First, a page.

Diesel85 likes this.
    2. MCanning
      Google says it is because of higher compression creating heat and Thermal effeciency
      Diesel85 likes this.
    3. Diesel85
      Yep, the high compression, thermal efficiency, leaner air-fuel-ratio during less work periods, etc, etc.

      Funny TDR posts this today... China is making more progress on diesel engines! --
      China unveils world’s 1st diesel engine with 53.09% thermal efficiency

      Glad to see more progress is still being made on diesels. Even if it's by China. Even they know that diesel is still the best.

      I will forever and ever cherish diesel power. :D

      I'll never go to gasoline or EV.
      Carolinadave55 likes this.
    4. bry1216
      My answer above was about "Fuel Economy" and how it is related to horsepower and torque.
      About Earth effects:
      Gasoline engines exhaust is mainly carbon monoxide (CO) which kills everything on the planet. It is from wood, coal and gasoline. CO is lighter in weight than CO2 so it will be higher in atmosphere.
      Diesel engine exhaust is mostly carbon dioxide (CO2) and nitrogen oxide (NO) with a very small carbon monoxide (CO). Everything green on the planet absorbs CO2 and releases oxygen (O), thus it is important to keep tree growing! Even humans breathe in O and exhale CO2.
      Diesel under stress such as racing off the start line, under heavy load or high rates of speed will increase NO and a "representative in" black smoke!
      Diesel85 likes this.
    5. TDRGuy
      Mr. Rudolph Diesel, Google-guy, China-guy and TDR -guy: All are saying thing, it is a "heat" engine design and the thermal efficiency comes from being able to vary the amount of fuel needed to make the hot air go "bang".

      Diesel85 likes this.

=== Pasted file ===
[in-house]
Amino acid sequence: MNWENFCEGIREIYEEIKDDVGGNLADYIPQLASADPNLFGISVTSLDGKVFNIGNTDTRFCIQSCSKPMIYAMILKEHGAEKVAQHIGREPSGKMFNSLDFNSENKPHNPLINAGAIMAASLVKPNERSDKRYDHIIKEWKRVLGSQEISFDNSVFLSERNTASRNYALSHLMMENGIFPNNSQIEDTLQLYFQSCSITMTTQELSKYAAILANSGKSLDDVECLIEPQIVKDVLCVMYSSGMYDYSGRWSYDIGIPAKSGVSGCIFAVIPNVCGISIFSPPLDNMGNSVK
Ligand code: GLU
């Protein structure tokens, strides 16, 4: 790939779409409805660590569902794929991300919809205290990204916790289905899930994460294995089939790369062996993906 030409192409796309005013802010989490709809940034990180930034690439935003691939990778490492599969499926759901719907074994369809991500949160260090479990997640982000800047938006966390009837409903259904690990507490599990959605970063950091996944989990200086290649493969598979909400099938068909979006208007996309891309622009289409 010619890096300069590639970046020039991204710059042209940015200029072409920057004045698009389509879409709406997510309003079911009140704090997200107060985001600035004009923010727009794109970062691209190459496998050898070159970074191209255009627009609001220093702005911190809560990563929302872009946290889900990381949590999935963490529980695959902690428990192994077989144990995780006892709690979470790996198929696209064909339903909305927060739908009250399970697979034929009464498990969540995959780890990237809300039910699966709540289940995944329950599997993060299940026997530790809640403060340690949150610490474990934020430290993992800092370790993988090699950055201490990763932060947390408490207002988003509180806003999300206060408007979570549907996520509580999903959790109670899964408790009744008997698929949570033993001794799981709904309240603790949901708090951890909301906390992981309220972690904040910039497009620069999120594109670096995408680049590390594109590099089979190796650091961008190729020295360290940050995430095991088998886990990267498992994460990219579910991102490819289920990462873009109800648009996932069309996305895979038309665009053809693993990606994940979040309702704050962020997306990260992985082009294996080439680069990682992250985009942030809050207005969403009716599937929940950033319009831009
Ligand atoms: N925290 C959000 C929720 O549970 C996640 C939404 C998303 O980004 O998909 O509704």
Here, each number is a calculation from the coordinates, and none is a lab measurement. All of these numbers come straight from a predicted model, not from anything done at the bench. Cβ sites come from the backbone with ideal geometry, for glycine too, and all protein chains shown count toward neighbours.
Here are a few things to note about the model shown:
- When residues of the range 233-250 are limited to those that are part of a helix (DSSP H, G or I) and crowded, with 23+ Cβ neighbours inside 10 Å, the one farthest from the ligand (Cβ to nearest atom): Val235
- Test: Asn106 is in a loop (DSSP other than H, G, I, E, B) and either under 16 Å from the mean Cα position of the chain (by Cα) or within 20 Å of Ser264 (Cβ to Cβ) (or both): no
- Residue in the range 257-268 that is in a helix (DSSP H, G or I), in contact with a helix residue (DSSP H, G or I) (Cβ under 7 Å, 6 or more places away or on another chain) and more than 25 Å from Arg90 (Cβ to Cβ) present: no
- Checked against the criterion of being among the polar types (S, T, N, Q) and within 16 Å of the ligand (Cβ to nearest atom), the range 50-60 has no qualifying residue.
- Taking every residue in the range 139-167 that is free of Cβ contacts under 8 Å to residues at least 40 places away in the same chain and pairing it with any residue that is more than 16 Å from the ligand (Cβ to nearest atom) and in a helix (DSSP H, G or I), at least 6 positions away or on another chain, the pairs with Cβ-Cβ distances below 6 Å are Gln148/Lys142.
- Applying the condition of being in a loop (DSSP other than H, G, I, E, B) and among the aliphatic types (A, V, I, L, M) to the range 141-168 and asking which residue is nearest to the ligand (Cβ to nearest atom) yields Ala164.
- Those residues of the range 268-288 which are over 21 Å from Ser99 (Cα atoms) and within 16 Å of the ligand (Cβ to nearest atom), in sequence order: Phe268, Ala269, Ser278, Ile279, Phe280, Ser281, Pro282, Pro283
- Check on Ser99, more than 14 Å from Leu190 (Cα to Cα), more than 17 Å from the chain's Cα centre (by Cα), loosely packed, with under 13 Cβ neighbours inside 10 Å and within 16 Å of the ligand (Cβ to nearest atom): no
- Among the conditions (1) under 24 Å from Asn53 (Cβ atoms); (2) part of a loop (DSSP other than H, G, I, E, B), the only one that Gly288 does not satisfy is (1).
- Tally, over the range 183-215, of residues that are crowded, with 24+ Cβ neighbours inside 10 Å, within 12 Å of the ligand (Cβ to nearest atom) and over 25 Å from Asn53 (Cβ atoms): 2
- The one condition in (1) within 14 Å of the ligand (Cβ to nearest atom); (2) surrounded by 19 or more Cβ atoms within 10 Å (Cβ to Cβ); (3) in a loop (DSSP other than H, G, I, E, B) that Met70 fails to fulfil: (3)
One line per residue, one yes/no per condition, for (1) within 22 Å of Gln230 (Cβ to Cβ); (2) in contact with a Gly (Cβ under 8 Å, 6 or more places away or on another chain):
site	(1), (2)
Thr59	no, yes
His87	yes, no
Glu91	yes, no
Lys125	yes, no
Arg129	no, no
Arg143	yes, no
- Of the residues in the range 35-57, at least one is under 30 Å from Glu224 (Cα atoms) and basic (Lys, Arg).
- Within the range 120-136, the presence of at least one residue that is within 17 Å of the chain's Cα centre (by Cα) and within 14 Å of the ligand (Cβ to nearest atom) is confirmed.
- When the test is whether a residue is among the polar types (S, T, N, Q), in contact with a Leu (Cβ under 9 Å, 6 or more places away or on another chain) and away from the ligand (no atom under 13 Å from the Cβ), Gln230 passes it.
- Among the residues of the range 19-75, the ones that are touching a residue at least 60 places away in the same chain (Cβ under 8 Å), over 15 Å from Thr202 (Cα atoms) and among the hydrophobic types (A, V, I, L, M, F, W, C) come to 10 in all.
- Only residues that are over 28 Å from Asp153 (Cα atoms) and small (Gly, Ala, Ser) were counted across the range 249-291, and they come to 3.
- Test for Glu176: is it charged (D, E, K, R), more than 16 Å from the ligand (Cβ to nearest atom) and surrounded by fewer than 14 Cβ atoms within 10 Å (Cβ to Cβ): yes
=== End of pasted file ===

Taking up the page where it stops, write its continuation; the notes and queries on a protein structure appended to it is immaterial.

6. Diesel85
      Low CO is the biggest reason I like diesels versus gassers. I always feel choked out when behind any gas vehicle even brand new vehicles. I'm sensitive to gas fumes versus diesel.

      With all this nifty clean air tech on diesels, I'm surprised that diesel isn't being pushed more. I can see a lot more companies profiting off of clean air diesel stuff versus EV.

      I used to hate emissioned up diesels until a few years ago. Now I see the light at the end of the tunnel -- it's a refinement on Mr. Diesel's already brilliant technology. I would take an emissioned up diesel versus an EV or a more polluting gasser.

      I prefer to drive a diesel because it's scientifically proven to help the environment, keep me and others safer, and it helps plenty of industries in the manufacture of the truck.
    7. Tuesdak
      Today they are not. History is just that and makes a good campfire story starting out with "Long Ago..."

      Unloaded a Hemi 3500 gets the same MPG as my 3500 HO Cummins. We are even doorhandles from a dig at a stoplight. Gasoline engine MPG has come way up making this an "Old Timer Old School" discussion that is loosing it's relevance. My buddy's Power Wagon 2500 Hemi is getting 18 MPG - same as my 18 HO Cummins pickup unloaded. Meanwhile Emissions has reduced the MPG of diesel engines including an oil discussion we hardly have of ULSD diesel changes that reduce the BTU's per gal of diesel.

      I would get 21 MPG on ULSD on my 2wd MT 2003 and 18 MPG on a 2008 DPF equipped Duramax and same on my 2018 Cummins: best of 18 MPG. Oh yeah now add DEF to the TCO and I use a surprising amount of it loaded. 20 gal DEF in 1600 miles towing (!)

      Further it's a incomplete discussion to focus on just MPG when the TCO is the real measure on say your bottom line. The cost of maintenance, Higher Fuel Cost Diesel Vs. Gasoline, and over $10,000 more upfront cost, repairs "What's in your wallet?!" diesels are catastrophic and expensive ... There is no "Economy" left in a diesel. Diesel fuel has been more expensive than 87 octane gasoline by as much a $1.00 a gal here in the past 3 years.